Team bonding and shared goals
Team and cohort bonding and socializing activities are always effective ways to keep kids motivated. They enjoy a broader community of people invested in their success who provide support, and they get emotionally invested in their peers’ success.
Your gym has numerous ways to provide bonding activities outside of the regular training and lessons schedule. To motivate them as a group of gymnasts, make sure to include social events centered on gymnastics itself.
- Watch high-level gymnastic competitions as a team. We don’t mean just the Olympics or Olympic trials (although these are good too). Check out what trials, qualifiers, or finals are televised and hold watch parties. If you’re lucky enough to have such a competition take place near your gym, arrange a field trip for students and parents. Let them see up close what they can achieve.
- Have an inspirational movie night. You could screen Lefty: The One-armed Gymnast, about real-life gymnast Carol Johnson who was a college-champion gymnast despite being born with a right arm that didn’t extend past her elbow. The BBC did a documentary called Gymnast that goes behind the scenes of Olympic competition.
Moreover, it’s never too early for young gymnasts to learn about Nadia Comaneci. The Sports Illustrated Kids documentary Winning includes Nadia as one of just five world athletes profiled, which is only one of many documentaries and YouTube videos that explore her accomplishments.
Some of the documentary clips are short (under 15 minutes), so you can also weave watching one into a typical day — you don’t need to wait for a movie night.
You can even have the kids put together their own playlists or montage of their favorite YouTube gymnastics clips (trust us, they know how to create the montage and how to add their own filters, emojis, and personal scribbles to their video). Then have an evening where you screen them all.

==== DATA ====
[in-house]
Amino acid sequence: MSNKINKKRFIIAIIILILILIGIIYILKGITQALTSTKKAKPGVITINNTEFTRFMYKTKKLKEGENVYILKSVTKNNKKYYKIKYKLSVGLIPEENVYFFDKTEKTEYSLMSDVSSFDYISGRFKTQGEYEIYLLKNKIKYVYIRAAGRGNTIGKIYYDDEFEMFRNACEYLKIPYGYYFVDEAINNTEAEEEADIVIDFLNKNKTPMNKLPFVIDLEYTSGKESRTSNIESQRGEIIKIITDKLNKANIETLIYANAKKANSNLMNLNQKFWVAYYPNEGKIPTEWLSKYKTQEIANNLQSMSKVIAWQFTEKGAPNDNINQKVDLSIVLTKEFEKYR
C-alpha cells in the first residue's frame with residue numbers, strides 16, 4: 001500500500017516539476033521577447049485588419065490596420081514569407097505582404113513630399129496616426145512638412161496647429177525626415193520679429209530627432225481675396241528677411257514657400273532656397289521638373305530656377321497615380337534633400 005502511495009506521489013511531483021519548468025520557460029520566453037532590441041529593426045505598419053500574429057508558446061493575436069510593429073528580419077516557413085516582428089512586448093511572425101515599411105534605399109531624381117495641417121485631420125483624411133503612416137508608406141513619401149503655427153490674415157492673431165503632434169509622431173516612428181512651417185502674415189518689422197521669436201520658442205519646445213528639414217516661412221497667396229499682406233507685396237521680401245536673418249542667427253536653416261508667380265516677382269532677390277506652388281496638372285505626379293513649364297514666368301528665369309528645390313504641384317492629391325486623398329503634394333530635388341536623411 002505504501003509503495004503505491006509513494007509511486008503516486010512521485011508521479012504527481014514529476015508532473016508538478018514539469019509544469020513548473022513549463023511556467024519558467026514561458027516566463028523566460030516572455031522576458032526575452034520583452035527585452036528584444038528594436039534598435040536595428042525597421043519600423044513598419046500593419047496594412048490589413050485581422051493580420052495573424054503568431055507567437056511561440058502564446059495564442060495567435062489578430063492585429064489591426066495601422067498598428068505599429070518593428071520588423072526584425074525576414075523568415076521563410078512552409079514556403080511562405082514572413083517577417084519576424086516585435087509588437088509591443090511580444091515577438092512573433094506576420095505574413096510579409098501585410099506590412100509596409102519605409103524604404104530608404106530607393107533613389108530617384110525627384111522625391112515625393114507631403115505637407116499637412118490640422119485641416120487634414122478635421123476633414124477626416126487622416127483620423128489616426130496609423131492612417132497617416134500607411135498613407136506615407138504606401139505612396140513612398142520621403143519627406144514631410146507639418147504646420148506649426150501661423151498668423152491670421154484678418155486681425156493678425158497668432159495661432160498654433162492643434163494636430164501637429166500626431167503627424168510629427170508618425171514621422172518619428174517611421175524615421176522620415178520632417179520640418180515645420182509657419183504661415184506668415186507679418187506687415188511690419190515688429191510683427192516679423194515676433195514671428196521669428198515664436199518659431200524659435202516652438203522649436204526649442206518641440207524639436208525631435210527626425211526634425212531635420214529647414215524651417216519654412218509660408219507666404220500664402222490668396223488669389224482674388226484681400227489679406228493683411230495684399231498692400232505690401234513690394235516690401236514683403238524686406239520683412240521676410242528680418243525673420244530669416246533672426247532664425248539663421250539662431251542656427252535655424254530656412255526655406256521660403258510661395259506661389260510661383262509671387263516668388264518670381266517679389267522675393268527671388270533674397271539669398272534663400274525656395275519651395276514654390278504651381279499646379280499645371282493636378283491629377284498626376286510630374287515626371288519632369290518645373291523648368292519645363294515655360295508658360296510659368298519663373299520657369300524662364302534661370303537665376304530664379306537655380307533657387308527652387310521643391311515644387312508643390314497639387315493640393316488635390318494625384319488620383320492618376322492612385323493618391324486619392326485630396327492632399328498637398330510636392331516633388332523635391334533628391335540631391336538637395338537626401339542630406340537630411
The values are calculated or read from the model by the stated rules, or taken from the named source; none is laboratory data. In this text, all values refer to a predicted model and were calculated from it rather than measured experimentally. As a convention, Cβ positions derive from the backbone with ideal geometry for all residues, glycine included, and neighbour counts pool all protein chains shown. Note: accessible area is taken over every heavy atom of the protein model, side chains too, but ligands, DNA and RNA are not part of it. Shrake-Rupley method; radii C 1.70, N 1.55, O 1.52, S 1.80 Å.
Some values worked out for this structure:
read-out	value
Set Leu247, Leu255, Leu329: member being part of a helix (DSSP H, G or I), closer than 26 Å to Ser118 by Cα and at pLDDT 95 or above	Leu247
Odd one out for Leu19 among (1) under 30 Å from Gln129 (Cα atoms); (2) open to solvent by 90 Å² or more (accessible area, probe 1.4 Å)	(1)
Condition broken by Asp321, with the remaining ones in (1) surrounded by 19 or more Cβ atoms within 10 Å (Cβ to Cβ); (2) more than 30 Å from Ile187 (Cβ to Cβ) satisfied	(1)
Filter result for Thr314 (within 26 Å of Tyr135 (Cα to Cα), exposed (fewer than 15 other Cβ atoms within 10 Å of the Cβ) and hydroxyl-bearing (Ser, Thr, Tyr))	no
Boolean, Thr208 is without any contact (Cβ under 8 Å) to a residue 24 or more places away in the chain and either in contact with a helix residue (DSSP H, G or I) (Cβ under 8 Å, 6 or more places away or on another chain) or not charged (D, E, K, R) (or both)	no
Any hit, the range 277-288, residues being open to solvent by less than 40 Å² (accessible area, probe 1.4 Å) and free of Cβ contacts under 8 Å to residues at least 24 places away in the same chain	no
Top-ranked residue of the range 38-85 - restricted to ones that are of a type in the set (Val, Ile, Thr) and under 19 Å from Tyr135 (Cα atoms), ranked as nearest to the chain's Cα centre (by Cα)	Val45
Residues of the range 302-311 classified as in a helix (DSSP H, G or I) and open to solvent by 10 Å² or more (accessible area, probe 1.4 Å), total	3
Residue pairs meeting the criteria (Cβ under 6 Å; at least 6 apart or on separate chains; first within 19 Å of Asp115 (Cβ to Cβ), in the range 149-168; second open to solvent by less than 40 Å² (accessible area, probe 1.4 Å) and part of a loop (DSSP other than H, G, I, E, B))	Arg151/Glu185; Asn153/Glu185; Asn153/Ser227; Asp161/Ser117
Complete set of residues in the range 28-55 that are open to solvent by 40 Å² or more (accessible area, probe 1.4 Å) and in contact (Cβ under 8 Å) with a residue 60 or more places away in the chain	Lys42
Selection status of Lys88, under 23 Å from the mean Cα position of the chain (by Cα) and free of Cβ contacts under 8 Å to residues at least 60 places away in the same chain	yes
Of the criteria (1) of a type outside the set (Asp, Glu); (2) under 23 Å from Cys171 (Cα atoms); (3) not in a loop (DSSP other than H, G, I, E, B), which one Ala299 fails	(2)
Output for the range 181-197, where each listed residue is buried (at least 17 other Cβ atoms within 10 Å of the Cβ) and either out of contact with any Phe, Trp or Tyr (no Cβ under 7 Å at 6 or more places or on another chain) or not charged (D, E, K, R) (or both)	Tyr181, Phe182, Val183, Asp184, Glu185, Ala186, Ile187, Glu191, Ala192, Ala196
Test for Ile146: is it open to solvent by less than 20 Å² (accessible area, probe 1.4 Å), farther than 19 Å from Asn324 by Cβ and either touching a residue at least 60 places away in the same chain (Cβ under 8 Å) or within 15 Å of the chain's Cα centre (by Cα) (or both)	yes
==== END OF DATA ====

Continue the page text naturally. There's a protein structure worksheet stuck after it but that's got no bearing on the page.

Don’t forget to keep your staff and yourself inspired
You and your staff are your students’ gymnastics role models. If you aren’t feeling inspired, it will be difficult to transmit positive energy to your students.
Keep your staff motivated and inspired through many of the same culture tactics you use with the students – clear goals, freedom to fail, staff bonding activities. Staff is always highly motivated by professional development opportunities. Create a program that provides time and perhaps even financial support for trainers and teachers to earn different certifications, including USA Gymnastics certifications and classes.
If you feel like your inspiration is slipping, do what you need to do to regain it. Maybe it’s taking a week off or being the instructor for the next toddler’s tumbling course so you can catch their natural enthusiasm. Whatever it is, do it.
Culture and inspiration don’t just happen
Providing an inspirational culture at your gym isn’t about creating a hollow, rah-rah atmosphere. It requires an intentional, designed plan for how you and your staff will infuse motivation and inspiration into both the formal and informal interactions at your gym. As the leader, your staff, your students, your parents — they all take their cues from you. Be sure to feed your soul as well as your body — with the right work/life balance to keep your energy and enthusiasm high.